I think the House would agree that the one-way street is a useful expedient and in narrow thoroughfares assists greatly the flow of traffic. A number of streets in central London have been made one-way and additions are being made every year. I must, however, stress that the system involves certain disadvantages. It is more difficult for pedestrians to cross because traffic is speeded up and confusion and danger are also likely to result when traffic approaches from what is normally the "wrong" direction. Traders complain of a reduction of business, and extensive one-way schemes cause confusion and delay to drivers.

The London Traffic Committee considered the plan in 1947, and, having heard the views of the Divisional Road Engineer and the police, who went into the scheme in great detail, came to the conclusion that it could not be adopted for reasons I will mention. It would be unwise to introduce a complete scheme of this kind in one simultaneous operation, and that was the opinion expressed by those who examined it at that time. Some important roundabouts would require alteration and extensive changes would have to be made to the traffic signal installations.

All this work would be useless if the scheme failed. The long one-way workings would involve vehicles, especially buses, in considerably increased mileage. The signposting of the area would be difficult, while confusion and danger might be caused to pedestrians. Some streets and junctions could not cope with the volume of traffic which would use them. The Ministry's policy is to introduce one-way working step by step and not in one vast sweep. There are two urgent schemes contemplated as soon as finance is available.

First, Hyde Park Corner. This is one of the improvements recommended in the London Traffic Advisory Committee's report of a year ago. But the scheme is a good deal older than that. It is part of a comprehensive improvement of the route from Hyde Park Corner to Marble Arch which would throw into the highway the east carriage drive of Hyde Park and provides new and larger roundabouts at each end. The cost of the scheme would be about £1,250,000. It has a high priority as a long-term proposal, and this will be one of the first to be undertaken as soon as it is possible to proceed with major road improvement in London because no rebuilding of houses is involved.

This scheme has been agreed between the London County Council who would be the promoters of it, the Westminster City Council and the Ministry of Transport. Minor criticisms of the lay-out have been made. In any major alteration of traffic movements minor difficulties must be expected, and adjustments to meet them can always be considered. Hyde Park Corner is Priority No. 1, Priority No. 2, as my hon. Friend the Member for St. Ives will be glad to hear, is that of car parks. One of the most important parts of the report by the Traffic Advisory Committee dealt with car parking which is one of the most serious causes of congestion in inner London.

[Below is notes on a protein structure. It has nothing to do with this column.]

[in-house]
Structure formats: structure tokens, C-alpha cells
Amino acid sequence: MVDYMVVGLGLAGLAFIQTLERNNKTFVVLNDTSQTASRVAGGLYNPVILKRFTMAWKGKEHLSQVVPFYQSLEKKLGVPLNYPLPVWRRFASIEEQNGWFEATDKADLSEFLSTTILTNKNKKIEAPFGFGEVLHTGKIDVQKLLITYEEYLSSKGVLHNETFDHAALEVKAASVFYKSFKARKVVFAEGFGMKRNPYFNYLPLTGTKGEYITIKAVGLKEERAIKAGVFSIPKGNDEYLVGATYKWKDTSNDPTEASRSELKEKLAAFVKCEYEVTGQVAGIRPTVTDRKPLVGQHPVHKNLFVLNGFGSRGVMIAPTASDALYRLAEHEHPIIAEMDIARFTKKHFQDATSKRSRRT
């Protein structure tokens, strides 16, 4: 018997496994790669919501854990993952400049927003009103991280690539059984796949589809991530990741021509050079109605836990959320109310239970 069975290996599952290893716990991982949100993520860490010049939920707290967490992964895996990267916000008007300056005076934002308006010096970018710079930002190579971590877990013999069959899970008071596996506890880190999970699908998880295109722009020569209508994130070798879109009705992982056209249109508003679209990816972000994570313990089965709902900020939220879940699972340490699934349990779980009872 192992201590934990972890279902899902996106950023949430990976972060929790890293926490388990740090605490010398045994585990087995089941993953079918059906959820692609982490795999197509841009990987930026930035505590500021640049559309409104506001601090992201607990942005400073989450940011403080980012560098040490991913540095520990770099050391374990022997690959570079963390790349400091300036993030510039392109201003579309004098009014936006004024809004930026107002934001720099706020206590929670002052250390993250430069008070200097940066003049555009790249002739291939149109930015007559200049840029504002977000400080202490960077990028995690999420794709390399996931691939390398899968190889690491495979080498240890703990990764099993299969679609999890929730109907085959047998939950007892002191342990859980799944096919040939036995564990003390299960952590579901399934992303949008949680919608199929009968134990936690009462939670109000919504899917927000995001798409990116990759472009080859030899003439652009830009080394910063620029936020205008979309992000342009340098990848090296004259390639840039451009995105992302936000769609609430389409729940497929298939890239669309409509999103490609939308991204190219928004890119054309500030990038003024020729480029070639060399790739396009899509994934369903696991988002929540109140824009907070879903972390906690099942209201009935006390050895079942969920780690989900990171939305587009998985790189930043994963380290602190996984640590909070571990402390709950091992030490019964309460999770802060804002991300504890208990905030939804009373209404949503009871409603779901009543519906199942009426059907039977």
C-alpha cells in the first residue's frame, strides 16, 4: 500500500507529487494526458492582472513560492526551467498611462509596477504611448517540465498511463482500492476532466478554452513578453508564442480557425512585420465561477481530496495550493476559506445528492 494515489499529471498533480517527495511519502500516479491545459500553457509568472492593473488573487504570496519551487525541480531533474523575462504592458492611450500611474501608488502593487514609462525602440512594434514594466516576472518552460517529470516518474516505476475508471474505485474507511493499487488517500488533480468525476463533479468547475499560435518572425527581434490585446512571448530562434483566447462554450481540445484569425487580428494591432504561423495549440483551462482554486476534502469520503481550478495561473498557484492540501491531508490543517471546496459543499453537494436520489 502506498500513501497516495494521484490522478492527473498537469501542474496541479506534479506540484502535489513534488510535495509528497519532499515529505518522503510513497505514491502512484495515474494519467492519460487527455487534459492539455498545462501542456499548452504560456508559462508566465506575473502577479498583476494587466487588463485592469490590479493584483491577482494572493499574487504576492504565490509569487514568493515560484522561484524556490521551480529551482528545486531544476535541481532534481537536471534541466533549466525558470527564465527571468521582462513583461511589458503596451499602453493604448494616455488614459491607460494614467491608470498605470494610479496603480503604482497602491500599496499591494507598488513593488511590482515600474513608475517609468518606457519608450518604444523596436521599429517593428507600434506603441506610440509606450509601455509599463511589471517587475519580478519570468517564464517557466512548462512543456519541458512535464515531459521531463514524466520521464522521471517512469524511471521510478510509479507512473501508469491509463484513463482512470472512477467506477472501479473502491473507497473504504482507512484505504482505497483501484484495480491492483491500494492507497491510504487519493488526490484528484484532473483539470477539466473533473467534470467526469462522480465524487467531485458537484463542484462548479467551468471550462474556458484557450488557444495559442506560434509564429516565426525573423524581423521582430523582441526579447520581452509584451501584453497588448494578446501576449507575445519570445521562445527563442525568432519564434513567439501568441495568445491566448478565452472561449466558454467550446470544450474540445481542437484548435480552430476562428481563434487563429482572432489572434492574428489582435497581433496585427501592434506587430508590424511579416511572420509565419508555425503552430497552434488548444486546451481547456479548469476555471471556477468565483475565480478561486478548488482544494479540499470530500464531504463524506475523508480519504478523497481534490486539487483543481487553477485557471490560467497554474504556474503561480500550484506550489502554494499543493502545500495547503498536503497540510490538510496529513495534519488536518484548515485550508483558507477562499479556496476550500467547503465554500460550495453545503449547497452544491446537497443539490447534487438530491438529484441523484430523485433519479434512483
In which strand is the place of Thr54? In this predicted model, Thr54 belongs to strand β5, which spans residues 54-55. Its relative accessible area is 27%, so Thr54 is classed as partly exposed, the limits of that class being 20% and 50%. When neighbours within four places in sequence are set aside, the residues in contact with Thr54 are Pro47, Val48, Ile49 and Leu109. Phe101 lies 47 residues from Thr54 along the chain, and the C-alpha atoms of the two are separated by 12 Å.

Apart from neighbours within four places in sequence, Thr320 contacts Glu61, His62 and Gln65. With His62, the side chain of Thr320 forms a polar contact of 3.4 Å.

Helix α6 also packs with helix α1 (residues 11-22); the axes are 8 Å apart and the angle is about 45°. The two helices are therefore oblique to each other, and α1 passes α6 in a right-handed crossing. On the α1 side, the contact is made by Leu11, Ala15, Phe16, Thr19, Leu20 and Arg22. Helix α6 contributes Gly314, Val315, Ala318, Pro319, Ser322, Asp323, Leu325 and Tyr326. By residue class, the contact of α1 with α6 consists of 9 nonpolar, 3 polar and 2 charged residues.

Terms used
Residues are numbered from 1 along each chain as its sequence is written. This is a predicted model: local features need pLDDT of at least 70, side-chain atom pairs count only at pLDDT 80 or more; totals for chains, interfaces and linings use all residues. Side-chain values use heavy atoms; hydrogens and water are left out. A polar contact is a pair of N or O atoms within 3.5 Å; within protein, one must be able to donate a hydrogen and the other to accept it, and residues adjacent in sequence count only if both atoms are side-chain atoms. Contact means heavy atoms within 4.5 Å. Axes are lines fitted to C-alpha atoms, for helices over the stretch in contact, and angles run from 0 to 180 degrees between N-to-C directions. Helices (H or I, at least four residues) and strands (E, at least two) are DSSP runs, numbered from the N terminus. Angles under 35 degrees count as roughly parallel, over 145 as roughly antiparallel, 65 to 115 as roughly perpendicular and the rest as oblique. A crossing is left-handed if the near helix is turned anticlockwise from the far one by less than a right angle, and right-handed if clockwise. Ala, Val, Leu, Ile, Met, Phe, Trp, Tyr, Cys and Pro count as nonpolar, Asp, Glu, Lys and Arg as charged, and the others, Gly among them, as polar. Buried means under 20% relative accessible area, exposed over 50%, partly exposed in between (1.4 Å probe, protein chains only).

The Committee's recommendations on car parking are at present being given the most careful and detailed review by the working party set up by the hon. Member for East Ham, South, in April, 1951, when he was Minister, under the chairmanship of Mr. A. Samuels, Chairman of the Main Traffic Advisory Committee. I do not know whether they are examining the proposal that there should be car parks provided by private enterprise, but at least the hon. Member now knows to what quarter he should take the proposal because I am quite sure theywill be pleased to look at it. The working party contains representatives of all the principal interests and the Minister hopes to receive its report next month or in May. Until this has been received and considered there is nothing definite which can be said.

I wish now to say something about another matter, as we have nearly seven minutes left. My hon. Friend did not refer to it, but it has had a certain amount of publicity—that is why I take this opportunity of dealing with it. There has been some severe criticism in the Press on police action in prosecuting members of the public for parking in Great Queen Street. We understand from the police that they are particularly lenient on parking in this street except in one or two areas where there are bottlenecks where it is essential that the street should be kept free if traffic in the area is not to be very grossly impeded.

The street is admittedly a difficult one and the police proposed, through the London and Home Counties Traffic Committee, that part of it should be devoted to unilateral parking. This suggestion, if accepted, may clear up the difficulty experienced in the street in daytime, would prevent waiting, and, at the same time, keep the bottlenecks free. On advertising that proposal there has been no objection to it, but, of course, nothing will prevent proceedings for obstruction being taken against motorists who cause it by parking in awkward places whether subject to no waiting, unilateral waiting or otherwise.

I am glad to have taken this opportunity of dealing with this complaint. As my hon. Friend pointed out in his final remarks, whatever the normal congestion caused in the capital by traffic, the streets at this moment are clear. Hon. Members will be anxious to take advantage of that fact when the cry "Who goes home" is heard. There will be ready response and no loitering on the part of hon. Members. I end as I began. This is an old problem, not capable of sudden solution, but I hope I have satisfied my hon. Friend that long-term plans exist. Finally, may I take this opportunity of thanking him for his valuable work on the London and Home Counties Traffic Advisory Committee?

Adjourned accordingly at Twenty-seven Minutes to Seven o'Clock a.m.